The Playboy Jazz Festival can and has ventured pretty far from jazz but no more so than having Robin Thicke perform on the bill. Thicke and his band brought their boy-band sounding bubblegum pop to the Bowl and there were plenty of young, screaming girls present to enjoy it.  Not much more to say about it than that.

Jack Bruce and Cindy Blackman Santana

Closing the performance was the hardest, loudest, and most creative experimental group of the entire Festival. Spectrum Road (Featuring Vernon Reid: electric guitar, Cindy Blackman Santana: drums, Jack Bruce: bass, and John Medeski on keyboards) is a newly formed tribute band to the late great drum giant Tony Williams.   The band performed material from their self titled debut album Spectrum Road such as “Vuelta Abajo,” “Where” and William’s “There Comes A Time” with Jack Bruce on vocals. The music was tight but chaotic, piercing, arrogant, skillful, and daring in all the best ways. These characteristics match Tony Williams’ playing and personality to a tee.

Reid’s fierce, frenetic guitar playing fused marvelously with Blackman Santana’s drumming which echoed that of Williams. Jack Bruce’s guttural, busy bass lines followed Blackman Santana’s bombast no matter how far out she would go.  Medeski’s B3 organ sound was the only element that didn’t always fit. It was too heavy for this already ferocious sound.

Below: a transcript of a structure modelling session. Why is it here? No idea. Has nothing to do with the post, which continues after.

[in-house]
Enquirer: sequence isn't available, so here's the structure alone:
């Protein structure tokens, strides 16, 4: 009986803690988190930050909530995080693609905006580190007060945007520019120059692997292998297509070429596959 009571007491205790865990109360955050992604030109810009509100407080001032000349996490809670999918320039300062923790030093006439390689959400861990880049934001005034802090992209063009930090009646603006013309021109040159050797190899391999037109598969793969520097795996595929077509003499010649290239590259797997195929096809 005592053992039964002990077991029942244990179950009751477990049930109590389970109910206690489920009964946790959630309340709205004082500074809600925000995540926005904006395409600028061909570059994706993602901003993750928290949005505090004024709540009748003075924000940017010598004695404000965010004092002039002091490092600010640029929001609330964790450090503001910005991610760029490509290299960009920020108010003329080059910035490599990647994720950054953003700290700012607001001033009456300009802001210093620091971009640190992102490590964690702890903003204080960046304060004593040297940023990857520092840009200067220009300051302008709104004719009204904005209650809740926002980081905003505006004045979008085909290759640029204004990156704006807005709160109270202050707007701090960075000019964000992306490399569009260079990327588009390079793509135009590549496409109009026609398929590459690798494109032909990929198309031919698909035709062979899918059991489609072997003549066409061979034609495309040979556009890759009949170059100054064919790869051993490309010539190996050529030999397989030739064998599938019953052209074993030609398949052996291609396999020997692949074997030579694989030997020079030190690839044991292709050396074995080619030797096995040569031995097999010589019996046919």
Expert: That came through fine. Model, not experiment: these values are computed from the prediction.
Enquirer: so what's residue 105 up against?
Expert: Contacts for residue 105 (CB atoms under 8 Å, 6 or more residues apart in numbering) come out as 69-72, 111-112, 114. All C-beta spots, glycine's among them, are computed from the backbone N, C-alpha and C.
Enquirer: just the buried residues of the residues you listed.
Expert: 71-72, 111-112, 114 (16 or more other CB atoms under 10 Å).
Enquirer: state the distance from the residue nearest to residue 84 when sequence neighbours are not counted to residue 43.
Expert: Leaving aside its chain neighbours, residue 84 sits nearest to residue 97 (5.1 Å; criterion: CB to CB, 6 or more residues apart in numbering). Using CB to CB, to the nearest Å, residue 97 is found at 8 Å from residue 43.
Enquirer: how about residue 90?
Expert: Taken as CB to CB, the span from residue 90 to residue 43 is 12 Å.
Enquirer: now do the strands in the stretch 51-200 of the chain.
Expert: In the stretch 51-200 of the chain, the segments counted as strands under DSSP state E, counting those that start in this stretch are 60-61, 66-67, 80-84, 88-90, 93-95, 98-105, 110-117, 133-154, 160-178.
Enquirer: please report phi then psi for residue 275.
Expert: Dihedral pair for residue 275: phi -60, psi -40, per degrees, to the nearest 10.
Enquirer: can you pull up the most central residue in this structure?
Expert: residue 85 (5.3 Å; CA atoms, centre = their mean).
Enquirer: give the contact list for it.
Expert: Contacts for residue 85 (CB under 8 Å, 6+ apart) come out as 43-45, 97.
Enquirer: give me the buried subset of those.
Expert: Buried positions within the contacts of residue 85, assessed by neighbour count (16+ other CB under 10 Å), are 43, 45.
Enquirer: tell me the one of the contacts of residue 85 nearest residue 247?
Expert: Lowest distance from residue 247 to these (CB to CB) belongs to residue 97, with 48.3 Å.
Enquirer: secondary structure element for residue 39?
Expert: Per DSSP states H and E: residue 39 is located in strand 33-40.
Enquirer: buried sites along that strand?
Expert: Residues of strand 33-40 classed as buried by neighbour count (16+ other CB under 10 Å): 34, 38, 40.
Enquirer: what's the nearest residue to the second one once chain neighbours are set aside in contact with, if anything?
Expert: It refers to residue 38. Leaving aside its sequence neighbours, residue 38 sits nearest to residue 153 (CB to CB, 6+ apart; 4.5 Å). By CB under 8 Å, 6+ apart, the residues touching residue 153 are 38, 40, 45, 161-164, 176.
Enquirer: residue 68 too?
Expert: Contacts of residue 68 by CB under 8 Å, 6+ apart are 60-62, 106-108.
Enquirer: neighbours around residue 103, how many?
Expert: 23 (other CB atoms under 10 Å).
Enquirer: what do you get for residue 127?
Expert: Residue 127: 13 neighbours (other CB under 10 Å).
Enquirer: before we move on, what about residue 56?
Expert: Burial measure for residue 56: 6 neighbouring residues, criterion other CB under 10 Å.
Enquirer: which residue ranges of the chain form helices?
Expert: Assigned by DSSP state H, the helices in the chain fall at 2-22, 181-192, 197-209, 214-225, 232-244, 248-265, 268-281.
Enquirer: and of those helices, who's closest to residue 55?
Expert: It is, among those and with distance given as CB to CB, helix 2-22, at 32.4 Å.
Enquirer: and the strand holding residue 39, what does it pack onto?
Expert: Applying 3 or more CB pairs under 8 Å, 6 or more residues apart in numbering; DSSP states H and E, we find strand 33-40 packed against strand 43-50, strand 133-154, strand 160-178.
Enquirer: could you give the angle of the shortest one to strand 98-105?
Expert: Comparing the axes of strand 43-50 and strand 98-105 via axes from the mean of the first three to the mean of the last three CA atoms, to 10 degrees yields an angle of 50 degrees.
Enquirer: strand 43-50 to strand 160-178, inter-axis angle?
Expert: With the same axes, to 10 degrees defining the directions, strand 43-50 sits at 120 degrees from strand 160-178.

Blackman Santana and Reid were clearly the stars of the group, even facing each other for most of the set, feeding off each other’s energy. The group sounded like a combination of Sonny Sharrock’s early ‘90s instrumental experiments, mid-‘70s Santana, and Vernon Reid’s work with his band Masque, but more powerful.

Blackman Santana’s long drum solo after “Where” was one of the great moments of the festival. She never repeated an idea twice and though she was inspired by Williams, she proved to have an energy all her own, all powerful and all woman.

The band even did a cover of Cream’s “Politician” (once again, fitting for the times), in which Jack Bruce’s vocals sounded the same as they did when he performed the song in 1967.  Reid and Blackman Santana put Eric Clapton and Ginger Baker to Shame, taking this 60s psychedelic blues anthem far beyond the stratosphere.

And so another Playboy Festival has come and gone. Some may bicker about the “Lack of real jazz at the festival,” but the number of innovative artists certainly outnumbered the fluff, and there were plenty of surprises.  Most importantly, everyone was having fun, which is ultimately what this Festival is all about.